Radio Frequency Identification (“RFID”) technology uses electromagnetic fields to transfer data. RFID systems typically operate by attaching tags to objects, devices, or cards. Some tags can be powered by a local power source, such as a battery (“active RFID”). Their local power source permits them to transmit a signal that may be registered hundreds of meters from an RFID reader. Other tags do not have a local power source and are instead powered by electromagnetic induction from the magnetic fields that are produced by a RFID reading device in close proximity (“passive RFID”).

RFID tags have been utilized in many industries. In the manufacturing sector they are used to track parts within a factory, or the location of a final product in a production line. In the agricultural sector they can be implanted in livestock to allow for the identification of animals. In the payments sector, some payment cards were embedded with RFID chips to permit consumers to process a payment by holding their payment card within close proximity of a point of sale device that was enabled with an RFID reader. As payment cards have shifted toward embedded microprocessors (“EMV”), and the financial technology community has embraced alternative wireless transmission protocols, such as Near Field Communication (“NFC”) utilized by ApplePay, the use of RFID technology has declined.

Privacy advocates have voiced concern that consumer products that contain personally identifiable information that is intended to be accessible using RFID technology may be susceptible to interception or eavesdropping. Specifically, the media has expressed concern that identity thieves could be able to use remote RFID readers to remotely steal information from RFID enabled payments cards or identification cards. To-date, however, there have been relatively few (if any) confirmed instances of identity theft from RFID eavesdropping.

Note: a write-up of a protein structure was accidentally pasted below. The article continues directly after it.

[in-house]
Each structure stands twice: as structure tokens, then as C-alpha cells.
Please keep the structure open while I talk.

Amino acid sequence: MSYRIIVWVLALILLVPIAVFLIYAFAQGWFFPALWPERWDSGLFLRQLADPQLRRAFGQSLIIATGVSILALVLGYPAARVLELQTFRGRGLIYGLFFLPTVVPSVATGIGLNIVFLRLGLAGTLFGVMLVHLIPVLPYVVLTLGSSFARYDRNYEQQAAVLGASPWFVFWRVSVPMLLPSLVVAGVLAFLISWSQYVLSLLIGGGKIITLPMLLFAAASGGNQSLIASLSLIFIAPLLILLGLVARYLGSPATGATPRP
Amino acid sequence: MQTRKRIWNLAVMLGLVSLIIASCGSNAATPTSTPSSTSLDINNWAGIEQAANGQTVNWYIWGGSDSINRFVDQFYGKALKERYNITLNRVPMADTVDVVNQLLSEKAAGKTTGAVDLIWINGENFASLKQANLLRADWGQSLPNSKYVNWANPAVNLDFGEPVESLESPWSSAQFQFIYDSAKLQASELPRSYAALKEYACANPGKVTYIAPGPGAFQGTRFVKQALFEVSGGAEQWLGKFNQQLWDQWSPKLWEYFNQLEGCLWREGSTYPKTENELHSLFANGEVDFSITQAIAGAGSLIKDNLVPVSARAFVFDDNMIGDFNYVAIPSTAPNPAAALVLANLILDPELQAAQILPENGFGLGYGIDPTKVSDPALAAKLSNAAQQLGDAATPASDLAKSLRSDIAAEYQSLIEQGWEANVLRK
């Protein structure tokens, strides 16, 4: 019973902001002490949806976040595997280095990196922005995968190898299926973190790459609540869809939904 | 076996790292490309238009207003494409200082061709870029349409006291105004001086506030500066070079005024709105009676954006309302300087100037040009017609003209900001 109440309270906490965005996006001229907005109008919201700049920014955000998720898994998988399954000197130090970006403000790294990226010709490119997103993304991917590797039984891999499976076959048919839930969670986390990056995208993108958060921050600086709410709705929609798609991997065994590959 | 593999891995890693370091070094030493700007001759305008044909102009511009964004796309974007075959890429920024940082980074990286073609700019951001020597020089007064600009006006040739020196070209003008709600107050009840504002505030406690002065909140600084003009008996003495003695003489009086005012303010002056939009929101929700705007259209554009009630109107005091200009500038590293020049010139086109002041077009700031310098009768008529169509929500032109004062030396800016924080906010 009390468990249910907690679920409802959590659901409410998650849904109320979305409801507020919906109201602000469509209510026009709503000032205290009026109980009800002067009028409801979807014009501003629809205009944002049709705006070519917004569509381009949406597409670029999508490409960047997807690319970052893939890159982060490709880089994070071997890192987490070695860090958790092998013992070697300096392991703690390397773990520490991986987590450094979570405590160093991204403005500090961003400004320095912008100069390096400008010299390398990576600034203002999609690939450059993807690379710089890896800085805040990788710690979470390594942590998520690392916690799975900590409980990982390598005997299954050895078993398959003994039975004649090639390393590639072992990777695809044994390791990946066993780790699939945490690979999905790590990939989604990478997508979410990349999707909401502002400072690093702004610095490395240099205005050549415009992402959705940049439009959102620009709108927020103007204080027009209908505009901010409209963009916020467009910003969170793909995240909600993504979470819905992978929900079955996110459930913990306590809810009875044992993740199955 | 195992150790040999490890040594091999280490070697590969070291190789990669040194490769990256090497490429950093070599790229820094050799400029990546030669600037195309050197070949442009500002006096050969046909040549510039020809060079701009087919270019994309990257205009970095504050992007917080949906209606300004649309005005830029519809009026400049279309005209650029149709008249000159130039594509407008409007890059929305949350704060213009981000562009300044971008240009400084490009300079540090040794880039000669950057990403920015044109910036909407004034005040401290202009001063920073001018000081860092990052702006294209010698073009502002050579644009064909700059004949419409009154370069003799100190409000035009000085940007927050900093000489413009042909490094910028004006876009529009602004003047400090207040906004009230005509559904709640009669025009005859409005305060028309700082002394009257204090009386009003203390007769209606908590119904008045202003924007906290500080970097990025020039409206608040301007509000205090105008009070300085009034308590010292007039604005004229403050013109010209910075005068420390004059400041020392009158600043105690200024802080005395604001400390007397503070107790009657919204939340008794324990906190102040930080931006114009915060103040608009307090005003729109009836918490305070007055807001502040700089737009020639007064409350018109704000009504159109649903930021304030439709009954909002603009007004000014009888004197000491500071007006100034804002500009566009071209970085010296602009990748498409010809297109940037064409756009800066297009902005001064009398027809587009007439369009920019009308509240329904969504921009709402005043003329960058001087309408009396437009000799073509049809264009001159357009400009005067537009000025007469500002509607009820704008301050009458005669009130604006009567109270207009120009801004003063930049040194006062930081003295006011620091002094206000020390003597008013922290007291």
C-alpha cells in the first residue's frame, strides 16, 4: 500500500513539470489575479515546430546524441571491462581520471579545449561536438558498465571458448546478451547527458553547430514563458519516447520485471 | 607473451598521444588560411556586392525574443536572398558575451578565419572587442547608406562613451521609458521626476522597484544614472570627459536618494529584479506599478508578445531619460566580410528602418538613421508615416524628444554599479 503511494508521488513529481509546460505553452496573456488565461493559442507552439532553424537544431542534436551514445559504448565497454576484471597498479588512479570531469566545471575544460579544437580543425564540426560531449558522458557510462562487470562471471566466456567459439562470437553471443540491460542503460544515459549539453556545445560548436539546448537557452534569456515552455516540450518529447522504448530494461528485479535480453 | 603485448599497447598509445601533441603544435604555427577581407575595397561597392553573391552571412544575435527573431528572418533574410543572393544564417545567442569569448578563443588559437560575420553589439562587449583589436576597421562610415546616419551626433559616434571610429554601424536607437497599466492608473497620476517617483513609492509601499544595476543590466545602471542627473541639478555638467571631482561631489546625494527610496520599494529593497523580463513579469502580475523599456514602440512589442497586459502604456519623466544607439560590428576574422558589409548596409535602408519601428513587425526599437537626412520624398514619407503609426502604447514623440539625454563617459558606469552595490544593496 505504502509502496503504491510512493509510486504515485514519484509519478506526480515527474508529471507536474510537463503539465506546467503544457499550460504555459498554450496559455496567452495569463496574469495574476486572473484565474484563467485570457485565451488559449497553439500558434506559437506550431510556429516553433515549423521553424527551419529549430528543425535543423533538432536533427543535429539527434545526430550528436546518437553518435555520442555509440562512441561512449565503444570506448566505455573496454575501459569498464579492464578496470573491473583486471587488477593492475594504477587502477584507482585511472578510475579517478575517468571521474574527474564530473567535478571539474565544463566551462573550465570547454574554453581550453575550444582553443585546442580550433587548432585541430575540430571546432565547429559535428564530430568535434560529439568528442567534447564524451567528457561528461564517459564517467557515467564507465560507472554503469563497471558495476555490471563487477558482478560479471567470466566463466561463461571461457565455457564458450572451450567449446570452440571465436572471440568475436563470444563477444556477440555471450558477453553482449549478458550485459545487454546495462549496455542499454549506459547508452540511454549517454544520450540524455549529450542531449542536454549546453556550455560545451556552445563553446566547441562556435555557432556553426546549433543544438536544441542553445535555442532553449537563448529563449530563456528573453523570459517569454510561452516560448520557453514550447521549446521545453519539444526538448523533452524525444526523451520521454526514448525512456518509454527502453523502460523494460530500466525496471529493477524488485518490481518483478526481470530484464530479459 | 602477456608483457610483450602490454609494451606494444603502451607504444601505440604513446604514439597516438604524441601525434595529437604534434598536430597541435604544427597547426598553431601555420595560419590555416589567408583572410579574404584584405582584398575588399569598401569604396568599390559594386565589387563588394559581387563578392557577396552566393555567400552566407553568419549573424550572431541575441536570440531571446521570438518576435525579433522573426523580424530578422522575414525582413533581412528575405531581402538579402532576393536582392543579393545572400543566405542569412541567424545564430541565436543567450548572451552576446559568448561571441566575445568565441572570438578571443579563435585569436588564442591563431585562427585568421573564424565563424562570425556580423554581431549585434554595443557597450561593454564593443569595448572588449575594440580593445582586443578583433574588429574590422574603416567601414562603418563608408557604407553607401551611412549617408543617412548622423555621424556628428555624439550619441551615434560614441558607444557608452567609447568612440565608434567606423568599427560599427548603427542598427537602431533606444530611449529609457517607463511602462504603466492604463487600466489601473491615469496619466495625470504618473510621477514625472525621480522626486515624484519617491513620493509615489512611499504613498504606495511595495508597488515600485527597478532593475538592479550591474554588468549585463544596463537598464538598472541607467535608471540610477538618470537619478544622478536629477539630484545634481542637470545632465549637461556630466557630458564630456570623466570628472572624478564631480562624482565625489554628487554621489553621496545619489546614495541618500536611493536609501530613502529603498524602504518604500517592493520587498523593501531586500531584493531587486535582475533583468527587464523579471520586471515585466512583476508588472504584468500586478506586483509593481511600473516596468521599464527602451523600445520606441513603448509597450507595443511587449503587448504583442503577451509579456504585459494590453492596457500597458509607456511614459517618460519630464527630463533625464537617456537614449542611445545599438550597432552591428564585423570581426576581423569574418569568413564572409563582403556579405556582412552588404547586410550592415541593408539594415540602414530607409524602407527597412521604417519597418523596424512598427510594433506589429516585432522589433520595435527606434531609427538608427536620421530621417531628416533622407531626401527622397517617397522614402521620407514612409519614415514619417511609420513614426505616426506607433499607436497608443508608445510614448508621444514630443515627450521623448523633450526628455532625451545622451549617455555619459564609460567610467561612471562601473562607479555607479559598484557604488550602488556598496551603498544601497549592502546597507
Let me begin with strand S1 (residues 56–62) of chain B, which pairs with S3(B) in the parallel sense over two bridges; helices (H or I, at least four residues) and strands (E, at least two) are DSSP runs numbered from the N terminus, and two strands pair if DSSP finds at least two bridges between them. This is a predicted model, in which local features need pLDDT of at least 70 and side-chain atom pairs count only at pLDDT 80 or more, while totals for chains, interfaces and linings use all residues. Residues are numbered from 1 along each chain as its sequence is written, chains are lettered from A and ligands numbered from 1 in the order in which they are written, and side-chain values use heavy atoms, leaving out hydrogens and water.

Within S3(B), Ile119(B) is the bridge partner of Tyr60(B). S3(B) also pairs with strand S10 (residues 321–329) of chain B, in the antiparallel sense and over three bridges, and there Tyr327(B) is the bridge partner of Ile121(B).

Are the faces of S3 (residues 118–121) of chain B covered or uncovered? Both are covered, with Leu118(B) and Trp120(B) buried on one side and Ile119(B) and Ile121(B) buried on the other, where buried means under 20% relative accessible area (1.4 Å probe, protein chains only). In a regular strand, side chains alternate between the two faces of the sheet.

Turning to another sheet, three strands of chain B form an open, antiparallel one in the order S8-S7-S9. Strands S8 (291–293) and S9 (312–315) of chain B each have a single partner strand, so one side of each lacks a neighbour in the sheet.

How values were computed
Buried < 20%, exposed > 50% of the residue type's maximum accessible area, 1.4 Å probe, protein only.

$12.6 Billion

Size of the market for RFID technology.1


Number of states that have enacted privacy statutes focused on RFID technology.2


The number of wallets advertised by a prominent retailer as containing RFID blocking technology.3

If your organization is considering using RFID technology to track consumers, or to save personal information, you should consider the following:

  1. What, if any, personal information does your organization intend to embed in an RFID tag?
  2. If the personal information were accessed by an unauthorized party could it lead to identity theft?
  3. Will consumers be notified about the type of information contained in the RFID tag?
  4. Will consumers have any misconceptions concerning the security of their information?
  5. Will consumers be provided a choice to opt-out of having an embedded RFID tag?
  6. Can you assure consumers that the RFID tag cannot be eavesdropped?
  7. Do you have a process for periodically evaluating any changes concerning the security of RFID tags?
  8. Does your organization’s proposed use of RFID technology comport with state laws?